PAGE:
Midcarpal Instability: Unlocking the Secrets of the Wrist
Keywords: Midcarpal instability; Carpal kinematics; Dorsal radiotriquetral ligament; Wrist.
Instability of the midcarpal joint, like many conditions in medicine, had been observed and was called many different names before anyone realized they were probably describing the same entity. Mouchet & Belot  in 1934 were the first to document asymptomatic subluxation at the midcarpal joint, which they called the "snapping wrist." In 1984, White & Louis  described a patient with wrist instability that they termed capitolunate instability pattern, or CLIP wrist. In 1986, Johnson & Carrera  published a series on patients with chronic capitolunate instability (CCI). These authors attributed this condition to laxity of intrinsic wrist ligaments, but did not attempt to explain the pathomechanics. In retrospect, all these reports probably represented variants of midcarpal instability (MCI).
A major reason for the delayed recognition of MCI is that almost all wrist clicks and clunks were originally thought to be due to scapholunate (SL) or lunotriquetral (LT) instability. This overlap, along with the historically poor understanding of carpal pathomechanics, made the identification and description of MCI challenging. Our experience with MCI over the years, however, has allowed us to gain a better understanding of this unique entity. Along the way, it has revealed several other "secrets" of the wrist as well.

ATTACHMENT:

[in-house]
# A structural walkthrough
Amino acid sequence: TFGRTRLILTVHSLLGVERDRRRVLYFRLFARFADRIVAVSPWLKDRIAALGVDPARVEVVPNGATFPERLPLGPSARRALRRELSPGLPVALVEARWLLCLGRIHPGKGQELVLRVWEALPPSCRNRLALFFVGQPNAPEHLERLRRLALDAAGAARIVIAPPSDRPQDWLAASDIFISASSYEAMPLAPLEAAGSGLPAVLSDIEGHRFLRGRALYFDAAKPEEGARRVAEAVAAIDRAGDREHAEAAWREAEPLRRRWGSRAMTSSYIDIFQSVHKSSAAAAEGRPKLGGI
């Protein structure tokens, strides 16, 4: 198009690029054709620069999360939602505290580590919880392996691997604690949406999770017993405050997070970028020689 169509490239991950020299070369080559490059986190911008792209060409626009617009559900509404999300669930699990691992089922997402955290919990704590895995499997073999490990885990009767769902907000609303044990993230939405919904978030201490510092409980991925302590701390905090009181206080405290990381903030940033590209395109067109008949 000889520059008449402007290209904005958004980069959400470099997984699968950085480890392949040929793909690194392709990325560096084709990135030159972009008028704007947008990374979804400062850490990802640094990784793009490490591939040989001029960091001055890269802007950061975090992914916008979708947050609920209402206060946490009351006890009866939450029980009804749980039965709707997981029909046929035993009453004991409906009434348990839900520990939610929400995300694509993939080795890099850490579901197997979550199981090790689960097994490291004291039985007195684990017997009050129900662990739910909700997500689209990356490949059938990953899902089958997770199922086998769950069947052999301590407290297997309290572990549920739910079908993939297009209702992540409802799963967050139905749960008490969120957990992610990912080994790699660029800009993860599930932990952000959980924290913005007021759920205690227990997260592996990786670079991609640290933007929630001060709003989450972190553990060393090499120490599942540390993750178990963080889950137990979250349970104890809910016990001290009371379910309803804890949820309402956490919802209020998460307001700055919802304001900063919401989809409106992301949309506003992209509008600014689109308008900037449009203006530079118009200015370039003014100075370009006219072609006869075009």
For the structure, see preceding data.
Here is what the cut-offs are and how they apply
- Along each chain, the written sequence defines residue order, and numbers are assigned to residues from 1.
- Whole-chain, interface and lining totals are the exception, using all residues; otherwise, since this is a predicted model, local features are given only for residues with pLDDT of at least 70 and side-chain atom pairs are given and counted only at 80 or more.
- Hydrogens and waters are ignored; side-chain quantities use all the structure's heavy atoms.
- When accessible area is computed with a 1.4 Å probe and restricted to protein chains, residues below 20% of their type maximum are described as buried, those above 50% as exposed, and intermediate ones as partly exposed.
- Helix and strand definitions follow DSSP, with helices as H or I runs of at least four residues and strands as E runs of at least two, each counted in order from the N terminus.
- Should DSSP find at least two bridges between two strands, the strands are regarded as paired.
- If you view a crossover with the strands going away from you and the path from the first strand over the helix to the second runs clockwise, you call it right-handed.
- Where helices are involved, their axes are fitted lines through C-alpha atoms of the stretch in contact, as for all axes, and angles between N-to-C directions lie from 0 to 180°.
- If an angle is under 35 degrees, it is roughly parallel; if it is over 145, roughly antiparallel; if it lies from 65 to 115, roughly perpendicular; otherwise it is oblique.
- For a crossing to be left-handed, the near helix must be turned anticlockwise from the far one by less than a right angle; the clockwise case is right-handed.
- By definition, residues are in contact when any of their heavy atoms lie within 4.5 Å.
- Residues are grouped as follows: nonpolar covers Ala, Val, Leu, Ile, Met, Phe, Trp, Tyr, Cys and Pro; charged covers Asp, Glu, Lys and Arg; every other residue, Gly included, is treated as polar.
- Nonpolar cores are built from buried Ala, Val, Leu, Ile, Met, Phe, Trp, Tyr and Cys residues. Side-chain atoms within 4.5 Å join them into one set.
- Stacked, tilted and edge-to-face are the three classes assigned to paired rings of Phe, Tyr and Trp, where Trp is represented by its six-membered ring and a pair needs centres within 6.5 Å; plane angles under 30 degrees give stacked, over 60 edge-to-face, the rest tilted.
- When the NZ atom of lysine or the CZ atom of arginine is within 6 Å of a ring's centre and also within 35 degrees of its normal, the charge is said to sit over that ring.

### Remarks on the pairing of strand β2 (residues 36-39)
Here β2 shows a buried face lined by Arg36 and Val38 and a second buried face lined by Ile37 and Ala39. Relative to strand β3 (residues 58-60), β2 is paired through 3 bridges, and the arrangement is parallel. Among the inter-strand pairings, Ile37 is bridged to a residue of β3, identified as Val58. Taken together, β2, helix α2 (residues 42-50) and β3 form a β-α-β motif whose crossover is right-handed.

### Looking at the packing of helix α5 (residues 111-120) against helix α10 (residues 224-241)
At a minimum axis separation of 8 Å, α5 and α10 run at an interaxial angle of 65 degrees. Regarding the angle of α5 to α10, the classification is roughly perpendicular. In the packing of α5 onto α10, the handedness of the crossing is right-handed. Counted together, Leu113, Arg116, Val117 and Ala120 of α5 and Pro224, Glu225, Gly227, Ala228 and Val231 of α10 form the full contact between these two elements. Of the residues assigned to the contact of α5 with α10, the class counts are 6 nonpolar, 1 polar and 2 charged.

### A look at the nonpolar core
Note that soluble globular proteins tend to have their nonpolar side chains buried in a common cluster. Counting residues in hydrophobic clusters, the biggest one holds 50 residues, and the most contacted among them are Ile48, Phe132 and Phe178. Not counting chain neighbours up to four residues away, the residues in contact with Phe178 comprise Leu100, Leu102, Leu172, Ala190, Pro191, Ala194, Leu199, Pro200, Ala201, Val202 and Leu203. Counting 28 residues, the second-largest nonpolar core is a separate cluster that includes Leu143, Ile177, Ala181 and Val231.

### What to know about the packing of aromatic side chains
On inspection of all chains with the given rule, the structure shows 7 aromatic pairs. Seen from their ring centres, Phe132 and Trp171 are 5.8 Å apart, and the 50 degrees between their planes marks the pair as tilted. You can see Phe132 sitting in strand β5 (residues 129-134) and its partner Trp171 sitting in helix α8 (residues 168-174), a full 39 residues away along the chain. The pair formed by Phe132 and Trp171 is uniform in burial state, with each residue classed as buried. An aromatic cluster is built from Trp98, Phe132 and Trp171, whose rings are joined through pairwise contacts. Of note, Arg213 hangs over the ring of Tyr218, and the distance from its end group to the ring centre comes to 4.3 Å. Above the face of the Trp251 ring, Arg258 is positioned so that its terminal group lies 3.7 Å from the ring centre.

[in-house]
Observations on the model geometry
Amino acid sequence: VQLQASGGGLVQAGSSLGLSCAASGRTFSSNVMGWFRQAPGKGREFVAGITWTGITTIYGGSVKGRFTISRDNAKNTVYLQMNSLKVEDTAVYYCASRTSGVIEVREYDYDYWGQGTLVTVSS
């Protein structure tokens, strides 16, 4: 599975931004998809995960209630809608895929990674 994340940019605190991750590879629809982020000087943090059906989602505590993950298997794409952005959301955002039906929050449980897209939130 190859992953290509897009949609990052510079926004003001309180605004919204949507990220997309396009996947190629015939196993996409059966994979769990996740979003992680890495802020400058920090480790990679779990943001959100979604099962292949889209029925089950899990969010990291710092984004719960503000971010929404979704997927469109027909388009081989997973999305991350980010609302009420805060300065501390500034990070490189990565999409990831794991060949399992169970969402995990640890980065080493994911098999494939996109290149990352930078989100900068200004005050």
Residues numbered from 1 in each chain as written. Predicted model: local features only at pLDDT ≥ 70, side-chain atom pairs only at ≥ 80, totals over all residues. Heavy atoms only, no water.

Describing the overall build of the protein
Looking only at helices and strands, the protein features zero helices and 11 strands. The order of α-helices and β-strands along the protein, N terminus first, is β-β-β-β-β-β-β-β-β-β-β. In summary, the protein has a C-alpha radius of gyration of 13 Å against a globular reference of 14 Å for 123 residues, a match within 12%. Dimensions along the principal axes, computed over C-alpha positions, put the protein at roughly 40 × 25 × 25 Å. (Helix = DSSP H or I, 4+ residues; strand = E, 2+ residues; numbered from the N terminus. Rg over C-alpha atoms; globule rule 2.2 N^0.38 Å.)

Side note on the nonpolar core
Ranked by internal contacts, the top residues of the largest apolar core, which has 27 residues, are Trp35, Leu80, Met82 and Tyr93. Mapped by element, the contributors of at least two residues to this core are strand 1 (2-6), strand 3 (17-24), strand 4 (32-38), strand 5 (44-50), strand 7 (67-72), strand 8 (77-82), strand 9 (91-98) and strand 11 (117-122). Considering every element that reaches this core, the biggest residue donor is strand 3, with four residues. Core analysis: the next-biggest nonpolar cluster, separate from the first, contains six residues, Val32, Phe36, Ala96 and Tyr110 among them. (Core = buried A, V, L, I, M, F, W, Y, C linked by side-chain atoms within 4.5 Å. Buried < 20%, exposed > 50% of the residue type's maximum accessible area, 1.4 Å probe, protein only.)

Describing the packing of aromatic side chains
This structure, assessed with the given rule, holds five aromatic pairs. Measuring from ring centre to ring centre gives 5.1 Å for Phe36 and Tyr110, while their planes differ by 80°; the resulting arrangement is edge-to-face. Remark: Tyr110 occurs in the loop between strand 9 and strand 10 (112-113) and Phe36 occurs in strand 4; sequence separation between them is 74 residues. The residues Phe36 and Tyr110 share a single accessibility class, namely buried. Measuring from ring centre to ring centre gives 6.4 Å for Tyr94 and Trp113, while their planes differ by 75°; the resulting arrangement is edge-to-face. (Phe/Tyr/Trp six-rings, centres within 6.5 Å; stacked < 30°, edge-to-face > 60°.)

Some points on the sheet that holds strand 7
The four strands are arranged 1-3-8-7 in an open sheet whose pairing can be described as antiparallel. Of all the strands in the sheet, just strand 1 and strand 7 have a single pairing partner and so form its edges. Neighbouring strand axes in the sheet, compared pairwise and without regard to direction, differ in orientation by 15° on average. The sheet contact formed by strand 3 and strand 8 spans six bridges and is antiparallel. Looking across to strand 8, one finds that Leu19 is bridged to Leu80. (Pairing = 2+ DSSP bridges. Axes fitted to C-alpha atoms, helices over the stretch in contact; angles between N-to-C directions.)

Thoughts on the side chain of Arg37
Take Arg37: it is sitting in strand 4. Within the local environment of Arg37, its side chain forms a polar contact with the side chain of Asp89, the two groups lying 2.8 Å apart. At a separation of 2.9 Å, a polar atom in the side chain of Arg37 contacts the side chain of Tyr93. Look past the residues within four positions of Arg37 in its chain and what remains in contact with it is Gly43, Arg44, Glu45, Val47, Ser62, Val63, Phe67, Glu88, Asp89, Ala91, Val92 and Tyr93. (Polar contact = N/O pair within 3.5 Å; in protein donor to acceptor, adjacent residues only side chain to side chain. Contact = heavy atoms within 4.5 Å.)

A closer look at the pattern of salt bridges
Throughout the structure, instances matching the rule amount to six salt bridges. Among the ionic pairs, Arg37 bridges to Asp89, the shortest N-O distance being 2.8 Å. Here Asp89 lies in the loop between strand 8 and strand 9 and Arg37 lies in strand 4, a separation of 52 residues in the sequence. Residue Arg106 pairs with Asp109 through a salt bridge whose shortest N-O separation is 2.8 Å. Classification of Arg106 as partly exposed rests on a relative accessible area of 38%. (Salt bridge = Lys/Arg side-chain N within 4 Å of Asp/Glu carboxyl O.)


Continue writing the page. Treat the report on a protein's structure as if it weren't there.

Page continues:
Our first encounter with MCI was in 1976 at the Bethesda Naval hospital. A female surgical technician had undergone operative treatment elsewhere for dorsal dislocation of the ulna. Intraoperatively, no pathology had been identified and, as such, no repair was performed. The patient presented to us with a painful wrist clunk with ulnar deviation that interfered with her job activities. Examination revealed a palmar sag on the ulnar aspect of the wrist in neutral deviation, giving the clinical appearance of a dorsal dislocation of the distal radio ulnar joint (DRUJ). Examination of the DRUJ was unremarkable and stable to stress. Passive and active ulnar deviation with the forearm pronated reproduced the painful clunk at the wrist. Radiographs revealed a mild volar intercalated segment instability (VISI) pattern. These findings were reported in 1981 as part of a small case series .
The initial thought for this patient was SL instability, as this was the cause of wrist noises in the 1970s. Repeated examinations of the wrist revealed some distinctions, however. First, the palmar sag disappeared (with a clunk) as the wrist moved into ulnar deviation. As the wrist moved back to neutral, the palmar sag reappeared. Second, this was not really a click, as heard with SL dissociation, but a distinct clunk, which implied joint subluxation or dislocation (as in the hip). The final distinction was that the location of pain accompanying the clunk was at the ulnar corner of the midcarpal joint, not at the DRUJ or at the anatomic snuffbox.